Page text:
In its July 16, 2020 decision in Data Protection Commissioner v. Facebook Ireland and Maximillian Schrems, Case C-311/18 (“Schrems II”), the European Union Court of Justice (“ECJ”) upheld European Commission Decision 2010/87 on Standard Contractual Clauses (“SCCs”) as a basis in EU law for transferring personal data to non-EU countries. The ECJ indicated that, going forward, companies relying on SCCs are responsible for determining whether the recipient country’s law concerning government access to data provides privacy protections meeting EU legal standards. The ECJ in Schrems II also invalidated Commission Decision 2016/1250 underlying the EU-U.S. Privacy Shield. The Court found that the Commission’s record underlying Decision 2016/1250 did not establish that privacy protections in U.S. law relating to intelligence agencies’ access to data meet EU legal standards. Notwithstanding this finding, companies transferring data to the United States under SCCs today are responsible for undertaking their own independent analyses of all relevant and current U.S. law relating to intelligence agencies’ access to data, as well as the facts and circumstances of data transfers and any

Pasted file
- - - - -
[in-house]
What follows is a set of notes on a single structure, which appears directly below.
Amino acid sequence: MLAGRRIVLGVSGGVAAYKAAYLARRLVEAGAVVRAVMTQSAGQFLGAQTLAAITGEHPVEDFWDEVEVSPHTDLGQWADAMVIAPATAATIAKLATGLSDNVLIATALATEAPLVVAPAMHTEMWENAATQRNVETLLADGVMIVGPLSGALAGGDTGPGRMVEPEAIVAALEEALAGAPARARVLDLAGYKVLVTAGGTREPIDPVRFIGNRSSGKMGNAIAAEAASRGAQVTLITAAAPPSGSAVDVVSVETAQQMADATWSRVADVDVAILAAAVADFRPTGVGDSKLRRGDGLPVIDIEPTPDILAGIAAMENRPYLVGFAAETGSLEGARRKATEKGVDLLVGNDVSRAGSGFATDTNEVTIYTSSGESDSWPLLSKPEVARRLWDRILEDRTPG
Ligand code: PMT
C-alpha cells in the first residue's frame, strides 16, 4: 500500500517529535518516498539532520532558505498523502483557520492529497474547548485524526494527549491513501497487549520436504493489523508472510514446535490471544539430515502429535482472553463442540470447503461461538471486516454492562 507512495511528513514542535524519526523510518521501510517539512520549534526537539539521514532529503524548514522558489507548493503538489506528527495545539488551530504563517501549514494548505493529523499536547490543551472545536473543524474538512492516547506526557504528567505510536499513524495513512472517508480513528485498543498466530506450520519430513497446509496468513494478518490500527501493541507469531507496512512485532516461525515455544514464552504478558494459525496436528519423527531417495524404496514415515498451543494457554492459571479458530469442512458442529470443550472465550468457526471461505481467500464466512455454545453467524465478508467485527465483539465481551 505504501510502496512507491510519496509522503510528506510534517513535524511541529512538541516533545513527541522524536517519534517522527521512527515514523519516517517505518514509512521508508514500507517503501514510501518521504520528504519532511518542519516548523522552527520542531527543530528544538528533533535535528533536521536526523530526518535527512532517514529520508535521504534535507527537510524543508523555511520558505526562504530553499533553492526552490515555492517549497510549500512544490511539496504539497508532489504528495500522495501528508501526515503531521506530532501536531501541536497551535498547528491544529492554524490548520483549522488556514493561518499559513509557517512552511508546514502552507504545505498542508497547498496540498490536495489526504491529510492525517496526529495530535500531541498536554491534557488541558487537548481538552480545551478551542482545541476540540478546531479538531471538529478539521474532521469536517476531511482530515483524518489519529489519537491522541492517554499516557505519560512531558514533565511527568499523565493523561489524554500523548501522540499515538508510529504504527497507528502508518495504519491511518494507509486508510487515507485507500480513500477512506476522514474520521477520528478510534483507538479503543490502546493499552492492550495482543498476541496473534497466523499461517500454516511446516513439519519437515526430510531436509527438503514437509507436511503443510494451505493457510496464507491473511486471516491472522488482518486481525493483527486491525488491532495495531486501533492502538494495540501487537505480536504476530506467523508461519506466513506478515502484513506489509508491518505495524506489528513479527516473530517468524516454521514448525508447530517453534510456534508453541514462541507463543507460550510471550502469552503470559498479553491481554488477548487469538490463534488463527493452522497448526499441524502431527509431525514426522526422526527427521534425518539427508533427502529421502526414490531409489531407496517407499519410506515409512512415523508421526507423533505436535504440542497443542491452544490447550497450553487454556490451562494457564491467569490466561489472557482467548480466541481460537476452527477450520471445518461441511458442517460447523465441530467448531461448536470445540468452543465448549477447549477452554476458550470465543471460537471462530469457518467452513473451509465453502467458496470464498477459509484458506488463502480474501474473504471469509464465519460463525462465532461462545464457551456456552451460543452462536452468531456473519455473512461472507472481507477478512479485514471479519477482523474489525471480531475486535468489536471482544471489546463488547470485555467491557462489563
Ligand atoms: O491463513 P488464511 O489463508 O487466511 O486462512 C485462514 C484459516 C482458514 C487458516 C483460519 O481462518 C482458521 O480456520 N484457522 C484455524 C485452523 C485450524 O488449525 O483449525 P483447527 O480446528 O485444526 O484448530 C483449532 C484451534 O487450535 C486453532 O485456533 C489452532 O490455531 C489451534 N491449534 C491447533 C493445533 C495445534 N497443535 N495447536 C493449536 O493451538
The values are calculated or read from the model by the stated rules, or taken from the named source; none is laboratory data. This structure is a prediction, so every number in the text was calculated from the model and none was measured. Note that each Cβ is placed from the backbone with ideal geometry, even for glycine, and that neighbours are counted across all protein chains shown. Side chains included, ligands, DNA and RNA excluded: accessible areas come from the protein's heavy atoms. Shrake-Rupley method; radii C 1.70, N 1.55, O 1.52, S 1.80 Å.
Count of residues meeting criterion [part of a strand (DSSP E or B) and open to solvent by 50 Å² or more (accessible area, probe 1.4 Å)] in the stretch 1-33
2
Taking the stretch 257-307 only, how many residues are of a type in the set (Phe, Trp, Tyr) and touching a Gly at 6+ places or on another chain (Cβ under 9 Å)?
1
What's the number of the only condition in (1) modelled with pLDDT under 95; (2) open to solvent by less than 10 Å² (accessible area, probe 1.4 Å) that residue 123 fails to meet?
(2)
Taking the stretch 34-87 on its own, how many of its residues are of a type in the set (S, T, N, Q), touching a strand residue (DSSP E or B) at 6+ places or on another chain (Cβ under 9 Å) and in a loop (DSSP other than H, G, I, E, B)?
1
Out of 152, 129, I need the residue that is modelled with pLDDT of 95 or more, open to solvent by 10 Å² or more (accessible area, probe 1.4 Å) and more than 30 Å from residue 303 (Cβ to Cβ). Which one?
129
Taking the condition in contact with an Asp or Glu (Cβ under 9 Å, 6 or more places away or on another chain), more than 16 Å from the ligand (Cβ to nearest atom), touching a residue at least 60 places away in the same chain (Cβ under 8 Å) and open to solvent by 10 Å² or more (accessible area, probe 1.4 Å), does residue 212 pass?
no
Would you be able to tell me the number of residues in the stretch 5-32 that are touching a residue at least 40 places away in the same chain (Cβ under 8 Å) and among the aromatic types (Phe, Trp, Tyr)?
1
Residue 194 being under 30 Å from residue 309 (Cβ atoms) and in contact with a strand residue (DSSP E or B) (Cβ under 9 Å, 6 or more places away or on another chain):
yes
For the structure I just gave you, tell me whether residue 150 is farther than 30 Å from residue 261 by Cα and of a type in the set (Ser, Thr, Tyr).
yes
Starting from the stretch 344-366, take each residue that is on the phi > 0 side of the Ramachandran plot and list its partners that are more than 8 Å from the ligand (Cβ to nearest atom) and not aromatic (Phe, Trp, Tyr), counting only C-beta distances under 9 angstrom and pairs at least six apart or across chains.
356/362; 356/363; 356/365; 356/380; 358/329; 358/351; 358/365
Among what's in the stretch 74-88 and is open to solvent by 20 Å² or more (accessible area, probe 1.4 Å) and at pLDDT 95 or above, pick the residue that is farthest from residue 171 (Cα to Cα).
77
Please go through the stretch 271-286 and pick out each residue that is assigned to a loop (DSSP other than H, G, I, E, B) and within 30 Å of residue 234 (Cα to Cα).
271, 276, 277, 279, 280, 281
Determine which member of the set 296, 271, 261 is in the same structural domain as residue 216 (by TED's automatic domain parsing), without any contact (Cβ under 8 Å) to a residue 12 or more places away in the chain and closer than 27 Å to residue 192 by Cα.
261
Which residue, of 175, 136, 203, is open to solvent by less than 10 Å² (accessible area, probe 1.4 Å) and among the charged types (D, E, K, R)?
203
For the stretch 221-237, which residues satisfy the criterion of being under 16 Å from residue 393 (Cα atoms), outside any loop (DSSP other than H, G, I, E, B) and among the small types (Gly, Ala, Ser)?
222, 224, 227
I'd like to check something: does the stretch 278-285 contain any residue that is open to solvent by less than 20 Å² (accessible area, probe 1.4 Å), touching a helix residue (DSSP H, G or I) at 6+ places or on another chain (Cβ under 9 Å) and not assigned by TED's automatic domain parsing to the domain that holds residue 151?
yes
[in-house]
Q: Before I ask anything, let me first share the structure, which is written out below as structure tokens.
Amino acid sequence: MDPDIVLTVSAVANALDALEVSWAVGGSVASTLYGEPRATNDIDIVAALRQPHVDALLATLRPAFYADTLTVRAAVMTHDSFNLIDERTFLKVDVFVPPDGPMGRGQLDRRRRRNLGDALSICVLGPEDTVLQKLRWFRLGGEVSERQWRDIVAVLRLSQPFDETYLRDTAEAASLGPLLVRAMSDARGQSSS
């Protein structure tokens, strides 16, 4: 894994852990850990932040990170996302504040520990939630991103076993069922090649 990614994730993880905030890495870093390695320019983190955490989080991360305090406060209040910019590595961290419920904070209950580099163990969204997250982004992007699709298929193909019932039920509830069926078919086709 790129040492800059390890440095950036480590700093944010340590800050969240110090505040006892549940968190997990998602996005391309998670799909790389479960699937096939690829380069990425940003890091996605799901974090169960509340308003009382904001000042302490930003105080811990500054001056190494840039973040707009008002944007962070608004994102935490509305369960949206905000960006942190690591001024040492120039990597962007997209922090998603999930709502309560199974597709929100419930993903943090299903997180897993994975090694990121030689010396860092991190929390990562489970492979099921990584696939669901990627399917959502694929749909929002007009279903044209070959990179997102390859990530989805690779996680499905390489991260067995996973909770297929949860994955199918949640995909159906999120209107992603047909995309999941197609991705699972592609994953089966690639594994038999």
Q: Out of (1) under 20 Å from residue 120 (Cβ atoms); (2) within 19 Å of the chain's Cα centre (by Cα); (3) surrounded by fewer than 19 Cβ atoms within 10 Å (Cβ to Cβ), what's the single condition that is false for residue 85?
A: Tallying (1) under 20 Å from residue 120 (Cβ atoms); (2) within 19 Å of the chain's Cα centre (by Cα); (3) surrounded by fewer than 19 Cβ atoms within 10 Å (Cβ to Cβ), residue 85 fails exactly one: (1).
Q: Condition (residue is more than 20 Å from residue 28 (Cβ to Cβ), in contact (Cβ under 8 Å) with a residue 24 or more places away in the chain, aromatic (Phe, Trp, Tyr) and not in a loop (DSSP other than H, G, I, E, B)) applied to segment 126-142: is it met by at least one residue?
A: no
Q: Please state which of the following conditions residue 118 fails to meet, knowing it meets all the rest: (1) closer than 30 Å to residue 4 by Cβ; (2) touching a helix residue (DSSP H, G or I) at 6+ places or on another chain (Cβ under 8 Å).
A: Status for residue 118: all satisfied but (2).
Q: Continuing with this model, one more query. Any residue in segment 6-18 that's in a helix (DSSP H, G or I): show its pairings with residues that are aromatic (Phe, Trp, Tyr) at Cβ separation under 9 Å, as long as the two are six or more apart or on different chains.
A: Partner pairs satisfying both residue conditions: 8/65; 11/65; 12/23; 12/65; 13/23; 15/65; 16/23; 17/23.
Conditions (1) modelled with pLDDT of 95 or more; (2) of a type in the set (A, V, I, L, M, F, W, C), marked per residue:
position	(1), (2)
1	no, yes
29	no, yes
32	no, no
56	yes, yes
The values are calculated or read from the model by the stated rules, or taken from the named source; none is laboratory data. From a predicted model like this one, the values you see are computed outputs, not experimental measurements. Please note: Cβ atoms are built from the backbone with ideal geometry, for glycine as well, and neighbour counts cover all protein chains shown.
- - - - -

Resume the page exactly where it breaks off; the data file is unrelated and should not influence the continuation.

applicable safeguards, in assessing whether the transfers satisfy EU law.